Ottawa accused of failing to provide for indigenous children

TheStar.com – News/Canada – Groups say Canada still non-compliant with Canadian Human Rights Tribunal ruling.
Jan. 4, 2017.   By TANYA TALAGA, Global Economics Reporter

Nearly one year ago, Canada was ordered by the Canadian Human Rights Tribunal to stop discriminating against 163,000 indigenous children and grant them equal access to services.

But two national indigenous organizations say Ottawa has failed to properly respond to the tribunal’s ruling, that the discrimination is continuing and they had no choice but to file another motion accusing Canada of being non-compliant.

The First Nations Child and Family Caring Society of Canada, led by Cindy Blackstock, and the Assembly of First Nations, filed a motion on Dec. 16, 2016, asking the tribunal to find the federal government guilty of failing to comply with the tribunal’s orders regarding Jordan’s Principle, or, providing indigenous kids living on reserve with the same essential services as non-indigenous children.

The Canadian government and the Caring Society have been locked in a legal fight about indigenous children’s rights for nearly 10 years.

The principle is named after Jordan Rivers Anderson, a 5-year-old member of Manitoba’s Norway House First Nation who died in hospital in 2005 without ever having spent one night at home due to his medical needs. Jordan was capable of living at home but neither the federal or provincial government could decide who should pay for his medical bills so he had to remain in a Winnipeg hospital.

Blackstock said the Canadian government responded to the motion by saying they do not have capacity, or, enough staff, to manage this motion of non-compliance and they want this to be rolled into a hearing in late March, 2017. A hearing is already scheduled in March regarding child welfare non-compliance matters, she added.

She finds the government’s argument surprising considering the Caring Society has only one full-time employee and three part-time employees, yet the Attorney General of Canada’s office could be described as the largest law firm in the country, she noted.

“It is, to use a generous word, quite tacky that the government of Canada is raising that argument, and it isn’t the first time they have done so. They have raised it consistently throughout the 10 years of this case,” she said Wednesday.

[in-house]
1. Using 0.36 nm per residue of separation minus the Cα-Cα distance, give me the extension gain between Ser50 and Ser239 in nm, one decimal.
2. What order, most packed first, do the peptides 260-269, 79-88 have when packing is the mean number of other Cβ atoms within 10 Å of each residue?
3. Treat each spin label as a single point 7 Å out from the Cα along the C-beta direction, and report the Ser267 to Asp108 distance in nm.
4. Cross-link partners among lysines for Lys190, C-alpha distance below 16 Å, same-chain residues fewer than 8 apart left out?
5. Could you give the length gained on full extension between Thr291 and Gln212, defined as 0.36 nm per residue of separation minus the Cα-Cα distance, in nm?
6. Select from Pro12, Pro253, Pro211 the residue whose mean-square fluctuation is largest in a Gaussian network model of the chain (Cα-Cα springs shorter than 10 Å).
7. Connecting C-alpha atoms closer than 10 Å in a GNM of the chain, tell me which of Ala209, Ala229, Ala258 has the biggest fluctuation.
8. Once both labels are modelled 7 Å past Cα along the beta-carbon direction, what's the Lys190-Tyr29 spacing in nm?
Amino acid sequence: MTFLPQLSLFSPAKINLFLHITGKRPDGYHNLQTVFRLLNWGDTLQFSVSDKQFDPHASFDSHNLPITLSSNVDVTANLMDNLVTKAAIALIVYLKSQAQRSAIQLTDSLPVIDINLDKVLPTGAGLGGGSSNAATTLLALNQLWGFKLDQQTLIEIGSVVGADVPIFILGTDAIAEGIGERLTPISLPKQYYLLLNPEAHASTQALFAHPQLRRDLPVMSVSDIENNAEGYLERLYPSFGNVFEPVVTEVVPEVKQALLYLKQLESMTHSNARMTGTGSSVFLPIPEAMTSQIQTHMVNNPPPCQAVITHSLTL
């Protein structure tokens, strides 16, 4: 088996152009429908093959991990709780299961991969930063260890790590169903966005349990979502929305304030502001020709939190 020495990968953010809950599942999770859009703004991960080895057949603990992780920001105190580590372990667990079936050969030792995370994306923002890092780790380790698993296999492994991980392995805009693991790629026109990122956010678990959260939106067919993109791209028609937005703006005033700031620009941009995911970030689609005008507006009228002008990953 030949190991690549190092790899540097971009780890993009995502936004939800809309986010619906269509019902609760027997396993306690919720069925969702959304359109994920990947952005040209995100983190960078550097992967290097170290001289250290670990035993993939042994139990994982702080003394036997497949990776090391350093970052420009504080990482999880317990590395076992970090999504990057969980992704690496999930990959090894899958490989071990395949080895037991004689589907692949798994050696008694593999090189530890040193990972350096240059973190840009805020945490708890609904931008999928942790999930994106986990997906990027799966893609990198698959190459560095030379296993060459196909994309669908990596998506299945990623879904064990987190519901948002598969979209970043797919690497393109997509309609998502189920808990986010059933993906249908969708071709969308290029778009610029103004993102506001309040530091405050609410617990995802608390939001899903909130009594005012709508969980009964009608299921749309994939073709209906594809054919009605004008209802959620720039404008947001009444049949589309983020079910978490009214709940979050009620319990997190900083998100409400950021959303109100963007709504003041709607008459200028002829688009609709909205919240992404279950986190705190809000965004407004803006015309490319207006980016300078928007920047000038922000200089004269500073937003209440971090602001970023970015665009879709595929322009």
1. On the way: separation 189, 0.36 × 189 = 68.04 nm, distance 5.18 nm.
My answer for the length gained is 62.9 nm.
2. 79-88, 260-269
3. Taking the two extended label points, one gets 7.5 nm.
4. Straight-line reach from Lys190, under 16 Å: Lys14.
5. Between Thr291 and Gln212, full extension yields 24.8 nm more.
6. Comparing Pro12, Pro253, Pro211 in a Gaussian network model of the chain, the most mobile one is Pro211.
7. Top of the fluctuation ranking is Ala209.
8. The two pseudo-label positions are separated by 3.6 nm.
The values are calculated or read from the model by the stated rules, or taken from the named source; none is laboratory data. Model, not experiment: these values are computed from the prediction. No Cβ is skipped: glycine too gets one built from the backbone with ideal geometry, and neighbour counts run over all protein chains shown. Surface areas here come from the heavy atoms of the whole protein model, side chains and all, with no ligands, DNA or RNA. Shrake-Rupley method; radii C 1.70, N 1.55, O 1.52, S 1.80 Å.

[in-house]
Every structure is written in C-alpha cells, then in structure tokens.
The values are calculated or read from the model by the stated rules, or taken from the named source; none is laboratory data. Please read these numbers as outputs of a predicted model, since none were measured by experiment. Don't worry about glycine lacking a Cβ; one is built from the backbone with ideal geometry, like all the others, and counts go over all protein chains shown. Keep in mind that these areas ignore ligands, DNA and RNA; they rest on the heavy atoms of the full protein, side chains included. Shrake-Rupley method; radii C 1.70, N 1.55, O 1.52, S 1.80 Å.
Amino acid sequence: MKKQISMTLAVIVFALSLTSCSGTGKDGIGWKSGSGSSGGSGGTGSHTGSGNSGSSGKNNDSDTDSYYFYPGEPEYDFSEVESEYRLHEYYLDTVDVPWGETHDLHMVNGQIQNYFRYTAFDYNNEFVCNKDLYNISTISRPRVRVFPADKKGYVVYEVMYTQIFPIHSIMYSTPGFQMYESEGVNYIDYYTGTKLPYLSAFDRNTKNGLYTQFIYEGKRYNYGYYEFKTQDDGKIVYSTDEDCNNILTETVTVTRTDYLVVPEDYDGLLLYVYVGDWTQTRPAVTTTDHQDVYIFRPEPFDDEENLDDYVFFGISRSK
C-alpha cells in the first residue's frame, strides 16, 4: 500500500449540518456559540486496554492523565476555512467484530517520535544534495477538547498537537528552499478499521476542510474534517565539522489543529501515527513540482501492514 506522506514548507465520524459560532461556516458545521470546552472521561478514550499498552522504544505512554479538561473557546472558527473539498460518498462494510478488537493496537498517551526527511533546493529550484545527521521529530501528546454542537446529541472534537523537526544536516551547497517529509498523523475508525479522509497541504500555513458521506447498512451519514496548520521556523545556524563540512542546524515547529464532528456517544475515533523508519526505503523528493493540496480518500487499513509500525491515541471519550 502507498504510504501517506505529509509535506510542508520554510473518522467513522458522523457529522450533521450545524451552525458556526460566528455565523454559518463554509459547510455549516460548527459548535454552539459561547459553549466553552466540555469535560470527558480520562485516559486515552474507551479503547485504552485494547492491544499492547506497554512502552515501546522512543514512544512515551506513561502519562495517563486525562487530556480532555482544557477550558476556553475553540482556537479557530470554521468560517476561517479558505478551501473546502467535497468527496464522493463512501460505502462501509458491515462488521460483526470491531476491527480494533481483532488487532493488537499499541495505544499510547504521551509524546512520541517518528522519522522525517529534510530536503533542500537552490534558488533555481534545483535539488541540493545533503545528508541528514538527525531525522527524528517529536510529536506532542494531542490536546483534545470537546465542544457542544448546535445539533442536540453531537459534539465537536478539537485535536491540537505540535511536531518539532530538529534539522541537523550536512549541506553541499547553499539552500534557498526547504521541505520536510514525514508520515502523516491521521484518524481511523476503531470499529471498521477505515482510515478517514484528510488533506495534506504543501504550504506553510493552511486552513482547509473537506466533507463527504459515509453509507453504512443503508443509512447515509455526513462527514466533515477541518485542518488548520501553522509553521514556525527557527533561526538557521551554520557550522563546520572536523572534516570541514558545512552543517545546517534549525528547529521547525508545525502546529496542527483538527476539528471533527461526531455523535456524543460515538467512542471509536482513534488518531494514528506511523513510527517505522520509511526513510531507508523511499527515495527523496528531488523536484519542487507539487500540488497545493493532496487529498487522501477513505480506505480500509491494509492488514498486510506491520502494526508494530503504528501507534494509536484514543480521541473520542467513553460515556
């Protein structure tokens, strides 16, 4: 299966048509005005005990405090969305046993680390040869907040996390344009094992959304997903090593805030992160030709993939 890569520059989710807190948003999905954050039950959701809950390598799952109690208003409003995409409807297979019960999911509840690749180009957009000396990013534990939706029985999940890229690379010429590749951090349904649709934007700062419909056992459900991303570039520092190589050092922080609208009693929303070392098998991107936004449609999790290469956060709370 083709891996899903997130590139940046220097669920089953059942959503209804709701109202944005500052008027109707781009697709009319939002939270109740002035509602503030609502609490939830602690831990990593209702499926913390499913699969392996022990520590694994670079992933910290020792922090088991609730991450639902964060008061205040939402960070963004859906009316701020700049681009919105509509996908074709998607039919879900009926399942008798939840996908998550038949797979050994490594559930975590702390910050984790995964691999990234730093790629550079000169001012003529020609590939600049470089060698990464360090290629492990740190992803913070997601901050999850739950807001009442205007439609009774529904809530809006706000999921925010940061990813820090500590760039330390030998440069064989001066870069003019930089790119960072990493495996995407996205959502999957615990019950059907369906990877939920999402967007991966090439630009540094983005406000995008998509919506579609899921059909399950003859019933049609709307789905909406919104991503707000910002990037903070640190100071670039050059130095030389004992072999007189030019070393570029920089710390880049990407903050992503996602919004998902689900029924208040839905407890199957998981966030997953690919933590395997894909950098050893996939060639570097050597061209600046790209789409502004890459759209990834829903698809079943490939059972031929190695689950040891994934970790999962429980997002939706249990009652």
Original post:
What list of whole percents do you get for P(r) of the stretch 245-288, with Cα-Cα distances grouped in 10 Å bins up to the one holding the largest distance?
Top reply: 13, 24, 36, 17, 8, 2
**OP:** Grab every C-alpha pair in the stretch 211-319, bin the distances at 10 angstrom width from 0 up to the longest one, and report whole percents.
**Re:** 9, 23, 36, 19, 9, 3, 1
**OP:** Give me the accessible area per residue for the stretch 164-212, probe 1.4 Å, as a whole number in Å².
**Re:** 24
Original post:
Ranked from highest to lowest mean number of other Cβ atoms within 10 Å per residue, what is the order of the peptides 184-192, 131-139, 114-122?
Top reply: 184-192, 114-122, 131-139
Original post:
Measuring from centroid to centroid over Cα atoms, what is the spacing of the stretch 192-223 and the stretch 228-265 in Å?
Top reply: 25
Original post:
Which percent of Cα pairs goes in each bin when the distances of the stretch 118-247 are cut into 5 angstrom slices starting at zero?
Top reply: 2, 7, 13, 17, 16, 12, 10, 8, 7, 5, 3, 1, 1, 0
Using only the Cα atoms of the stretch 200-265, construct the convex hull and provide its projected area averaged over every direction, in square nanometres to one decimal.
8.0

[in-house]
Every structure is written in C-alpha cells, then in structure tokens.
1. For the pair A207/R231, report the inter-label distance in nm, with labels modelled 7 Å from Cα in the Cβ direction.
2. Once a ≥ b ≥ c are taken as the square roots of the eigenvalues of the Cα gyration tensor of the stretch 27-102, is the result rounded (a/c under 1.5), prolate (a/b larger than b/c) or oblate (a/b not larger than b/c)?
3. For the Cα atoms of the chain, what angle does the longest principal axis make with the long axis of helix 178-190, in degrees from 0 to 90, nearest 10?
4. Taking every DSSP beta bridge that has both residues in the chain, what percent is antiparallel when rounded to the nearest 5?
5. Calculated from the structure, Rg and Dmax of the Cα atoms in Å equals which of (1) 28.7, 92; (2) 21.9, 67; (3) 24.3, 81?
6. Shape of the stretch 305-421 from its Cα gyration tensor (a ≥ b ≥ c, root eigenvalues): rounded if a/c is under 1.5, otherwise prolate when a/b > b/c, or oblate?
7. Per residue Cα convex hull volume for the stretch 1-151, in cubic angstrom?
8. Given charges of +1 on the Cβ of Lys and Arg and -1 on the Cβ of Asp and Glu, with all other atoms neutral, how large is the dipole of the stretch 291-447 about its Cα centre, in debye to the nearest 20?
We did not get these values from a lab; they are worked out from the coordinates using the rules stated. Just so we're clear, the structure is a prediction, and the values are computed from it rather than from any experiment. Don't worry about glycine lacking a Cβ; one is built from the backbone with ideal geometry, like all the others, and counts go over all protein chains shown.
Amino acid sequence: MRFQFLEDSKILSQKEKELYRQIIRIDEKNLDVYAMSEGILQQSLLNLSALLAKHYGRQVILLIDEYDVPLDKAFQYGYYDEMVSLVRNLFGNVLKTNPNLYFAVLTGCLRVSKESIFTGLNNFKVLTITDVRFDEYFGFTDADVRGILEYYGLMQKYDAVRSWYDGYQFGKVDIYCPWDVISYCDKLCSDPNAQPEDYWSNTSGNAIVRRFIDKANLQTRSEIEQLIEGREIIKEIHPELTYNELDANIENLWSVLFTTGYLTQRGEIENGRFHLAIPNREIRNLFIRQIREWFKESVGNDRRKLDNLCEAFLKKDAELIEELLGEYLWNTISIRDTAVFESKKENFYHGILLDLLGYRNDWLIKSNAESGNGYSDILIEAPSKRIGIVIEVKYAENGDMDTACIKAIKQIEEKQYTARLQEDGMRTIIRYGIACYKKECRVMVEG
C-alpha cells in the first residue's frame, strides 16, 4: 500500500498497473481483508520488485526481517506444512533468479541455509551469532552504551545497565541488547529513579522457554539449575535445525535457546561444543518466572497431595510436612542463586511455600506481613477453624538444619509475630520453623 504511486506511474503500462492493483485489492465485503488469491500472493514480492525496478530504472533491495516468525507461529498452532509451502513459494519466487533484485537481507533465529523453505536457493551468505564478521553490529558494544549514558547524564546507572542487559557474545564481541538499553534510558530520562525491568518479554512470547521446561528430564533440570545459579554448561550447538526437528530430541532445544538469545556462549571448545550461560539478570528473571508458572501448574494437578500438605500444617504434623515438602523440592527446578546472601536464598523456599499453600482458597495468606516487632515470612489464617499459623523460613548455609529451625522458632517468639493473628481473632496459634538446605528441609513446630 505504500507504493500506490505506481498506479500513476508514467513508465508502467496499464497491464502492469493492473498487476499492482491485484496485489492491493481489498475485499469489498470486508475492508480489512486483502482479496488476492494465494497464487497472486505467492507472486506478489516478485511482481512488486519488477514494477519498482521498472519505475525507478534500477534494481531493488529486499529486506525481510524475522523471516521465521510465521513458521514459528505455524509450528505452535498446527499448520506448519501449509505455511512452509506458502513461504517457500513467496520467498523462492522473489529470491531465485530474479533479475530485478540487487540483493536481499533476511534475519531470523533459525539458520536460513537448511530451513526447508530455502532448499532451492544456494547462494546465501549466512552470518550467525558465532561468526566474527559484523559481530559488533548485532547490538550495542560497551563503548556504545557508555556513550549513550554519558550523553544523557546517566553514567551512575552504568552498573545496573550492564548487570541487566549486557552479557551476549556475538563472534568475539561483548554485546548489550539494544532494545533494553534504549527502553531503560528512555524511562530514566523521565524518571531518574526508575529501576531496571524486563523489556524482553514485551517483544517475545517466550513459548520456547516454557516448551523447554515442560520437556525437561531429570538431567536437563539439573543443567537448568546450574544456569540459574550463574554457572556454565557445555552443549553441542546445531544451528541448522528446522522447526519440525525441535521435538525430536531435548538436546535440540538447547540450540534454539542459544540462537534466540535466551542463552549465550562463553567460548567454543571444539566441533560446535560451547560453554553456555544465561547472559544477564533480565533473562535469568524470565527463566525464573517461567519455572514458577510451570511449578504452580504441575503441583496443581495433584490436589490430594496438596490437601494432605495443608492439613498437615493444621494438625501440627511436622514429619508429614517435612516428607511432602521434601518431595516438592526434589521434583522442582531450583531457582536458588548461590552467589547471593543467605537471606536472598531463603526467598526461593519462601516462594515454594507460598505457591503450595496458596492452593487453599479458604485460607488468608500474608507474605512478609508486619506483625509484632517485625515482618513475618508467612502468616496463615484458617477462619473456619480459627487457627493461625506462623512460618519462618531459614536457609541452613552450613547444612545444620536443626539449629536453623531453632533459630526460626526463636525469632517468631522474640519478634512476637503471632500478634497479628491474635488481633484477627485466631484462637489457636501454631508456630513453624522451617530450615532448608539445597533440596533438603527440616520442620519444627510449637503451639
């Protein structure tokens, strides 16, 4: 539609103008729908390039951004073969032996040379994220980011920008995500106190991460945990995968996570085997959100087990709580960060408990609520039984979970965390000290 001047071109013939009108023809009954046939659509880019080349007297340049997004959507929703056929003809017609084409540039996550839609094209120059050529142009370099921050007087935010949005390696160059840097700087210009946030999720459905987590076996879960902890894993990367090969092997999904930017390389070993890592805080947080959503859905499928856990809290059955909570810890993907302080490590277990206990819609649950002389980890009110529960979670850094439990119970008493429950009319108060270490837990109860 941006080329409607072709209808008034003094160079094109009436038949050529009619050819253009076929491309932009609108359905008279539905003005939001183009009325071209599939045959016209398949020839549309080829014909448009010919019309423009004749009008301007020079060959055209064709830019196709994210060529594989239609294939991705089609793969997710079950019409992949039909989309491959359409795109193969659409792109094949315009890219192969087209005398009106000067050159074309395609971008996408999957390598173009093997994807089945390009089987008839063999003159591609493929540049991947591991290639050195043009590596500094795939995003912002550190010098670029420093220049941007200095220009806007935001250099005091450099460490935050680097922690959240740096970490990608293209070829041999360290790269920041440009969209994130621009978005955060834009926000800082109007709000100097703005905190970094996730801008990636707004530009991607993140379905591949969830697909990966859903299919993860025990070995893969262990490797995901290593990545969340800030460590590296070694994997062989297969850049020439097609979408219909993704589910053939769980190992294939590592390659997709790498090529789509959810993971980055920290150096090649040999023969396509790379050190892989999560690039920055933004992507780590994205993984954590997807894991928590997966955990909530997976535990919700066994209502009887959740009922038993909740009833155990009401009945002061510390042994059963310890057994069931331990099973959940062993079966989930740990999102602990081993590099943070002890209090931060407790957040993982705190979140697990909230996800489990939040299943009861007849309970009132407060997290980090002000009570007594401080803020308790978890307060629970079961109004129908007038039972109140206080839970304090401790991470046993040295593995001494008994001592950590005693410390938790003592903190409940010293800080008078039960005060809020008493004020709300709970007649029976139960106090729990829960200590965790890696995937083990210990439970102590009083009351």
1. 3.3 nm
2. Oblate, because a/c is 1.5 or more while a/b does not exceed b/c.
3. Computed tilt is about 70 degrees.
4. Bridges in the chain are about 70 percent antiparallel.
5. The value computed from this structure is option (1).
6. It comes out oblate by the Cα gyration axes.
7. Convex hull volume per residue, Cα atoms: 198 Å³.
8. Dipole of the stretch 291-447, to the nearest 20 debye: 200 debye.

“You can imagine what has happened in children’s childhoods over the decade that the case has been winding its way through. And these little stall techniques from Canada have an additive flavour — in among themselves they don’t sound so bad but when you add them up that is how we have gotten to the 10 years,” she said.

Regardless of any capacity concerns, it should not overshadow the right of 163,000 children to live free of racial discrimination, she said.

Last January, 26, 2016 after a near nine-year legal fight, the tribunal ordered Canada to comply with Jordan’s Principle, which unanimously passed in Parliament in Dec. 2007.

On April 26, 2016, the tribunal order articulated a clear definition of Jordan’s Principle to apply to all First Nations children and all jurisdictional disputes. They later clarified that all children meant kids living both on and off reserve.

But the government of Canada has a different definition of what Jordan’s Principle means and to whom it applies. “They are saying children with critical illnesses and disabilities (only) and even with that they are saying they have helped 900 kids already,” she said.

“That gives you a window of how great the scope of discrimination is. When you open the window of equity very narrowly to that group only and you get 900 kids, imagine how many are actually being racially discriminated against by Canada,” she said.

Last March, $382.5 million over three years was committed to improve services for indigenous kids, but Blackstock says the bulk of the money won’t be seen until year three and before that there is little funding support.

In July, Indigenous Affairs Minister Carolyn Bennett and Health Minister Jane Philpott said the $382 million will be used to “put the needs of children first” and to fix service-access disputes to make sure all levels of government work together.

The unresolved issue has left a black eye on Canada’s international reputation concerning human rights.

Last December, Blackstock went to Washington, D.C. and appeared before a hearing of the Organization of American States’ Inter-American Commission on Human Rights regarding the issue.

A ruling by the commission should be revealed this month.

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